So I recently took a look at the anime Monster (commonly referred to as “Naoki Urasawa’s Monster” to help you distinguish it from the pages of porn you’ll get by searching “monster anime”). When I saw the pitch, it sounded right up my alley: a talented doctor sacrifices his career to save a young boy over a politician, but later discovers the boy has grown up to become a serial killer. Sounds like a deeply philosophical piece about personal responsibility and the value of human life, right? I’m all about that stuff.
Turns out, that’s not what it’s about in the slightest. What it’s actually about is an absurdly convoluted mystery about the serial killer, who was actually serial killing even as a kid because of a convoluted secret evil government conspiracy to make him into a supersoldier, but he was ~so awesome~ he killed everyone in the facility and struck out on his own, and also there’s another evil government conspiracy in there somewhere. I don’t know exactly, I stopped watching after 10 episodes.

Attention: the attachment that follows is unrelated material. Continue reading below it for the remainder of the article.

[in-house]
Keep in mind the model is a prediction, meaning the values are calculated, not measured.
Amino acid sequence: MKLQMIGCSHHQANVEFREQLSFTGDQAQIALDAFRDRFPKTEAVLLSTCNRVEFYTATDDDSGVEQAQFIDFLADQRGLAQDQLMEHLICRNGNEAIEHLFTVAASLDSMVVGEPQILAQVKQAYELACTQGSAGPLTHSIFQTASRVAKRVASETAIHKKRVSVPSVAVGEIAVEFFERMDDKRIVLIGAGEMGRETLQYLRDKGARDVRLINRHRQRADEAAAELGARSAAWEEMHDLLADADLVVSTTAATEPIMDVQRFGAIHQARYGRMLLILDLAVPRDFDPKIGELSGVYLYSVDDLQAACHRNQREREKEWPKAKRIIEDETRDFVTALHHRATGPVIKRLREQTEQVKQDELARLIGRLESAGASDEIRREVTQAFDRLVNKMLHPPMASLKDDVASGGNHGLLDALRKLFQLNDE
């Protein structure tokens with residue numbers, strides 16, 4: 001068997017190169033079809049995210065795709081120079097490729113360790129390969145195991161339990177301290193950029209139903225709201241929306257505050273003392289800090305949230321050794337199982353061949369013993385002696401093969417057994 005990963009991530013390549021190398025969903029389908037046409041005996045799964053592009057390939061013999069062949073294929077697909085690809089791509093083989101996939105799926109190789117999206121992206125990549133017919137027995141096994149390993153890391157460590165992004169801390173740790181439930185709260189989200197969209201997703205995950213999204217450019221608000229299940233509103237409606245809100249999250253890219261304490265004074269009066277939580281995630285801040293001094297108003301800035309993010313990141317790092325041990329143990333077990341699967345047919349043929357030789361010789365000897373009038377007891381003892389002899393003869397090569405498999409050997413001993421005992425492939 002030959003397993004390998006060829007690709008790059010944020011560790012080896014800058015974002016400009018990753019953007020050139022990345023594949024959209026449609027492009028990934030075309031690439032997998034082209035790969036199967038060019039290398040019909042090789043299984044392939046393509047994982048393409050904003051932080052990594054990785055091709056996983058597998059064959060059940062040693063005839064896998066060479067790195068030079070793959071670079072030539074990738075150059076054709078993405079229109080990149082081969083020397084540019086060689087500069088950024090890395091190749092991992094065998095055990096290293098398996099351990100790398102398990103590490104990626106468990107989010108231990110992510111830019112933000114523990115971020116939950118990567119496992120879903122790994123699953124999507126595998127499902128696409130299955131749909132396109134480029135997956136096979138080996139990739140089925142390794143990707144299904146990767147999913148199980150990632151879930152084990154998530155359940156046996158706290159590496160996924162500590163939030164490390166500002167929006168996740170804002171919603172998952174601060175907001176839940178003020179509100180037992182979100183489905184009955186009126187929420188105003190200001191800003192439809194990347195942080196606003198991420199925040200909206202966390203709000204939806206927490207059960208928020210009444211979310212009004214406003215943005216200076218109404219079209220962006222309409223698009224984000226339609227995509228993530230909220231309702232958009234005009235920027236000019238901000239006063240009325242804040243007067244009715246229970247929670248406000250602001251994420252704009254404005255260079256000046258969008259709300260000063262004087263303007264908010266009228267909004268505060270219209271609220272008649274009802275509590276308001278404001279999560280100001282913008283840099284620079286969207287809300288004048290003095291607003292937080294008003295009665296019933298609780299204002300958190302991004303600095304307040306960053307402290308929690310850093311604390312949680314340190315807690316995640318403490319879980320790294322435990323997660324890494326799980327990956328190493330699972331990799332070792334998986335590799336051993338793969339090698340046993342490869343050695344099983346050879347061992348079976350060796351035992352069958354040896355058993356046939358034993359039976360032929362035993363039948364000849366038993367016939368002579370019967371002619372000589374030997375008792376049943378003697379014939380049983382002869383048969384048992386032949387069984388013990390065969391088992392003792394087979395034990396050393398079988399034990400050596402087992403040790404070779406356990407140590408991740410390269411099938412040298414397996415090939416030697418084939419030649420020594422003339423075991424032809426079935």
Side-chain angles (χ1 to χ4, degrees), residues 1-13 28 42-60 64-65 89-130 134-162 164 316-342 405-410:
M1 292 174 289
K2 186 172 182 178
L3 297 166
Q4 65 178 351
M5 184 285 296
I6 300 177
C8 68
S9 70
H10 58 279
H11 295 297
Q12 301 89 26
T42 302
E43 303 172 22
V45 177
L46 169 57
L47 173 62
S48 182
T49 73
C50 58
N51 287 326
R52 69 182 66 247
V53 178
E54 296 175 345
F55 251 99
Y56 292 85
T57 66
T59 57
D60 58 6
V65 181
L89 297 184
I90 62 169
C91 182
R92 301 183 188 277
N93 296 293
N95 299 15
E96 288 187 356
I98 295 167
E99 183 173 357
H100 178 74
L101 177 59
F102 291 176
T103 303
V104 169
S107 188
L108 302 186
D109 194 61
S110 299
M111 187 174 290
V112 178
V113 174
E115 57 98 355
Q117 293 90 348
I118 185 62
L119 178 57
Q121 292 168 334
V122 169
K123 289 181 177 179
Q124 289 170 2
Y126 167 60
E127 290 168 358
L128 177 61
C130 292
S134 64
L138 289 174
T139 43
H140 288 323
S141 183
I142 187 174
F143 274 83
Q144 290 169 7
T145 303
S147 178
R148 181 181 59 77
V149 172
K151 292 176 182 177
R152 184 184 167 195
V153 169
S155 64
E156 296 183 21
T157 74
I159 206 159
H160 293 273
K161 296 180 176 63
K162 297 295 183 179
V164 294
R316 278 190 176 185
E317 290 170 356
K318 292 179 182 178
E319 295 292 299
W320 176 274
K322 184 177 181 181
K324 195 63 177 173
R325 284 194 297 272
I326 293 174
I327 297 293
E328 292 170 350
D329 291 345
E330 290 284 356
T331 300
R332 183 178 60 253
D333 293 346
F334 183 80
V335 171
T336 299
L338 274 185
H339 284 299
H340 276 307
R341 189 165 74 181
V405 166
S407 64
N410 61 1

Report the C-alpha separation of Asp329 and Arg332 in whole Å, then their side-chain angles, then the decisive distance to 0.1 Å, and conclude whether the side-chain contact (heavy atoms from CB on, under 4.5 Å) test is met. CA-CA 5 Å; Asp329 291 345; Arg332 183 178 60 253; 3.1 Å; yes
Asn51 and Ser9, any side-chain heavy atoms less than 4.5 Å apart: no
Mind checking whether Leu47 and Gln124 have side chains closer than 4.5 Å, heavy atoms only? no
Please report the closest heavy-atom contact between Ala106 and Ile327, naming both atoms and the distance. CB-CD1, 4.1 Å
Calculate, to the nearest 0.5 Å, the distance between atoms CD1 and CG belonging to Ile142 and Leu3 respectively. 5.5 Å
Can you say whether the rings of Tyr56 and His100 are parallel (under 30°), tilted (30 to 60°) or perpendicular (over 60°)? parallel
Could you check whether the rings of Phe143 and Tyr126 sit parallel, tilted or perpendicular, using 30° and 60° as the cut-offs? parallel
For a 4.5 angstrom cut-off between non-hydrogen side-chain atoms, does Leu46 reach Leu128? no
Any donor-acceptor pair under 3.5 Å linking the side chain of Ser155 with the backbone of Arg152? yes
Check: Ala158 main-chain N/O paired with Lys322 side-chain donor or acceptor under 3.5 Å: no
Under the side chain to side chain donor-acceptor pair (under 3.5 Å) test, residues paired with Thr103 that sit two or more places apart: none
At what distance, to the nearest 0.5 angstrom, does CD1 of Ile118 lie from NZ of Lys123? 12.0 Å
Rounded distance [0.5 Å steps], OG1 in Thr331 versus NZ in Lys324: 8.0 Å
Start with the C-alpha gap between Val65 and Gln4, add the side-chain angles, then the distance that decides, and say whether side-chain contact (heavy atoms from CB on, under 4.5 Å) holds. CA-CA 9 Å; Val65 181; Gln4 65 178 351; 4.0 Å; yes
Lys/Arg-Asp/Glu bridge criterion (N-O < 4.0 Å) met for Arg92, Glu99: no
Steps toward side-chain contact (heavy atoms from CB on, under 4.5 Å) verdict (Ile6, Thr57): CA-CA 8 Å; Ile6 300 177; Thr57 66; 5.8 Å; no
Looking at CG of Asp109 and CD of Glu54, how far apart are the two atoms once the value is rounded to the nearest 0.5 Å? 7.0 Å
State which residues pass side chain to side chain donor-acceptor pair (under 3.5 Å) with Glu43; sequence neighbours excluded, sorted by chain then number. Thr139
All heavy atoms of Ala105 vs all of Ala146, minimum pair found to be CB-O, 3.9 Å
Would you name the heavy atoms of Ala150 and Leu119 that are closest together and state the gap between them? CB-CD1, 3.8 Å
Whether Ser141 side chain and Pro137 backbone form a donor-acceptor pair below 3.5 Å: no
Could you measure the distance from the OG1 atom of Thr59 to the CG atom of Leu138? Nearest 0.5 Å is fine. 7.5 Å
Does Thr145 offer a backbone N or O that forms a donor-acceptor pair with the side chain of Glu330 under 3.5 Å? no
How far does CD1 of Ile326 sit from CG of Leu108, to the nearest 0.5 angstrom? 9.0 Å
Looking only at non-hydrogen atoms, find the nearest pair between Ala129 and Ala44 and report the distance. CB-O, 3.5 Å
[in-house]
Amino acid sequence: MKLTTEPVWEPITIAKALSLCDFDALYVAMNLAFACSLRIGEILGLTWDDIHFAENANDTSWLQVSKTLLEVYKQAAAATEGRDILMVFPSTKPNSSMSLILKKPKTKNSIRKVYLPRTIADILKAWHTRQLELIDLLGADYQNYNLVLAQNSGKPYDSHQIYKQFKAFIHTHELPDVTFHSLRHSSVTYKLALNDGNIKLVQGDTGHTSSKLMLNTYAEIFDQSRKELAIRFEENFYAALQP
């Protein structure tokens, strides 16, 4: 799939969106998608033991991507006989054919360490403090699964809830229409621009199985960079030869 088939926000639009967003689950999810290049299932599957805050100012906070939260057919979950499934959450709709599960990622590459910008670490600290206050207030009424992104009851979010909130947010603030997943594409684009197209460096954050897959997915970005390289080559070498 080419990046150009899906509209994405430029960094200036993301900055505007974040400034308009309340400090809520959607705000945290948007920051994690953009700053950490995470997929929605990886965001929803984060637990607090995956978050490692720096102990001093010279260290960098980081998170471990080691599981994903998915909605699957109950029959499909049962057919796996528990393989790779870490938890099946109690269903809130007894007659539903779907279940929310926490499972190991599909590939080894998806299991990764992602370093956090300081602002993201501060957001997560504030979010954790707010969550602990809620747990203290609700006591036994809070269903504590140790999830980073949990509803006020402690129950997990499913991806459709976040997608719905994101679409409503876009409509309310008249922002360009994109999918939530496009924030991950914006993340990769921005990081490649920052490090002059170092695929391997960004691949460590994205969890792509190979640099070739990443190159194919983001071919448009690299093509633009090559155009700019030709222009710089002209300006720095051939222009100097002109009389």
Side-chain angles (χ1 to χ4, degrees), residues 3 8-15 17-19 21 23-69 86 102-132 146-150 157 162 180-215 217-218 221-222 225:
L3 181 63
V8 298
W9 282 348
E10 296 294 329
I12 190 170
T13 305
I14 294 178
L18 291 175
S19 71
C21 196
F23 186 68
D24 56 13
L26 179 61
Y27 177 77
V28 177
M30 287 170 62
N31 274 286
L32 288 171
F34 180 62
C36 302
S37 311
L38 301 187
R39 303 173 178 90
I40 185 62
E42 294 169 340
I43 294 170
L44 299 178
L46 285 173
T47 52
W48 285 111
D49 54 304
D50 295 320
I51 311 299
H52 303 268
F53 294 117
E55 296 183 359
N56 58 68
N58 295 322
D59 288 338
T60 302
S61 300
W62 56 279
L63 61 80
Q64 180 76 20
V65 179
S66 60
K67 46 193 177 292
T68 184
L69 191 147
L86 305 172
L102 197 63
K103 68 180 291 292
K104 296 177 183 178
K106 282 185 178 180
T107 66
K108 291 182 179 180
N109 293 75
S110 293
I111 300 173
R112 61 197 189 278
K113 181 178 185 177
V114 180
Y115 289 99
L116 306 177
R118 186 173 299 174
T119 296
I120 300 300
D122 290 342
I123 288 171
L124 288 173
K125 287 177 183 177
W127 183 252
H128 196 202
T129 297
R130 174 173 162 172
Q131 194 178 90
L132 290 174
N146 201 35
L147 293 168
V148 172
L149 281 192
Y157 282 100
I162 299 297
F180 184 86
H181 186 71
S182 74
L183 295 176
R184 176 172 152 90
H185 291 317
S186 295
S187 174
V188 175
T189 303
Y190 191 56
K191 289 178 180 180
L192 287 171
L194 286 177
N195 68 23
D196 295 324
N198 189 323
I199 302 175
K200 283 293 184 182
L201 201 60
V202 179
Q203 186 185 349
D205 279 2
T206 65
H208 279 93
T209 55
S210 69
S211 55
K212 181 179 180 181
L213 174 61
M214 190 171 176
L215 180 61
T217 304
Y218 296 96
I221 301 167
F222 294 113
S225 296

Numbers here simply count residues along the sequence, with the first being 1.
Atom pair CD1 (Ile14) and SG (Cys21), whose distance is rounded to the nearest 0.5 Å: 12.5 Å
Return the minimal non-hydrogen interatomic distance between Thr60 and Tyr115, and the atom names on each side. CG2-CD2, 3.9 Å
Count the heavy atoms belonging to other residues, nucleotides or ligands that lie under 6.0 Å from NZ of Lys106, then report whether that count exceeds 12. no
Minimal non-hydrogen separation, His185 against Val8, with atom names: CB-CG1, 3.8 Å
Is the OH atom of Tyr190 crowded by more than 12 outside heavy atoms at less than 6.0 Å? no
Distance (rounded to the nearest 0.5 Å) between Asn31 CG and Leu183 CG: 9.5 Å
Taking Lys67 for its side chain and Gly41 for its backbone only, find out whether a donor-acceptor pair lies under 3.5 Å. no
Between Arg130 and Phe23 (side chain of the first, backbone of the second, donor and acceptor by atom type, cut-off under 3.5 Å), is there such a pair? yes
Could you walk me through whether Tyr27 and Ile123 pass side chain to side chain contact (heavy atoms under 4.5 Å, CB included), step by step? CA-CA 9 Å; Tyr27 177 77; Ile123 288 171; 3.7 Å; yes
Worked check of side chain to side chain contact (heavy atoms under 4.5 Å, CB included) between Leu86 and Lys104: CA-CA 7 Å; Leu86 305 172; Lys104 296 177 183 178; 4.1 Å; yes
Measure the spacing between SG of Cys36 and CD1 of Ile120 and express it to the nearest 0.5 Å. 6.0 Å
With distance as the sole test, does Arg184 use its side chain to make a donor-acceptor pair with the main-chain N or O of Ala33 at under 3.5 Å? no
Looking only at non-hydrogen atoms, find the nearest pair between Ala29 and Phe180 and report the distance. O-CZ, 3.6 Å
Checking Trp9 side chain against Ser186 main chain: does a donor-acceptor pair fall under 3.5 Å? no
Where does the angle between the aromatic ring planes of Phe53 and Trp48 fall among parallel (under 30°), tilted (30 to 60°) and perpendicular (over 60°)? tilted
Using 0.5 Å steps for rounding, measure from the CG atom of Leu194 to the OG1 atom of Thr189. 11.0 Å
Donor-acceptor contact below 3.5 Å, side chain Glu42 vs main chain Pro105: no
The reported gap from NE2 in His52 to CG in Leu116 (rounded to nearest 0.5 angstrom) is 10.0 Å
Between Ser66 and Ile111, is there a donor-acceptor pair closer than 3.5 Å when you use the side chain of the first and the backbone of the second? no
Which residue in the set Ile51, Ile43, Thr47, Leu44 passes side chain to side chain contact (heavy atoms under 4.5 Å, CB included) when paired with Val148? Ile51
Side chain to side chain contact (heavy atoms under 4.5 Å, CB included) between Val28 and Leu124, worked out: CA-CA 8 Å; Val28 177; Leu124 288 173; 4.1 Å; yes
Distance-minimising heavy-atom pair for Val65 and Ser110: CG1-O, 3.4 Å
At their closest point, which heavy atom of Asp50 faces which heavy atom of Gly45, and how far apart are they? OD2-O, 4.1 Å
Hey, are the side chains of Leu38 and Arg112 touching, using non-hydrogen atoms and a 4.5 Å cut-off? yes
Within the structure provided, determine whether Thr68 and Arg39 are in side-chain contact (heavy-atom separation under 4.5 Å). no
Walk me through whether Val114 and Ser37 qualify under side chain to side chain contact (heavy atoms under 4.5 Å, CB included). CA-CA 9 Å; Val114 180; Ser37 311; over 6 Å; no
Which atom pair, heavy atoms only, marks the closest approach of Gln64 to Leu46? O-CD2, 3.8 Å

Because that’s simply not what I signed on for. The real story is nothing at all like the prologue; the doctor character actually resigns from his job so he can investigate Villain Sue, and his doctor skills are reduced to a tangential quirk as we focus mainly on other characters doing their own investigations, all of whom are equally bland and uninteresting.
This all makes me think about the purpose of plot twists, and when they’re valid and when they feel cheap. This isn’t a bait-and-switch exactly; it’s not even just a twist for the sake of a twist. But it still feels dishonest. The real premise of the story isn’t what you’re sold in the beginning. If you had told me from the start that this would be a detective novel about a giant conspiracy, I would have been better able to judge whether it aligned with my interests and adjust my expectations going in. But that’s not what I was told the story would be about, so instead I’m just annoyed it won’t engage with the things I picked it up for.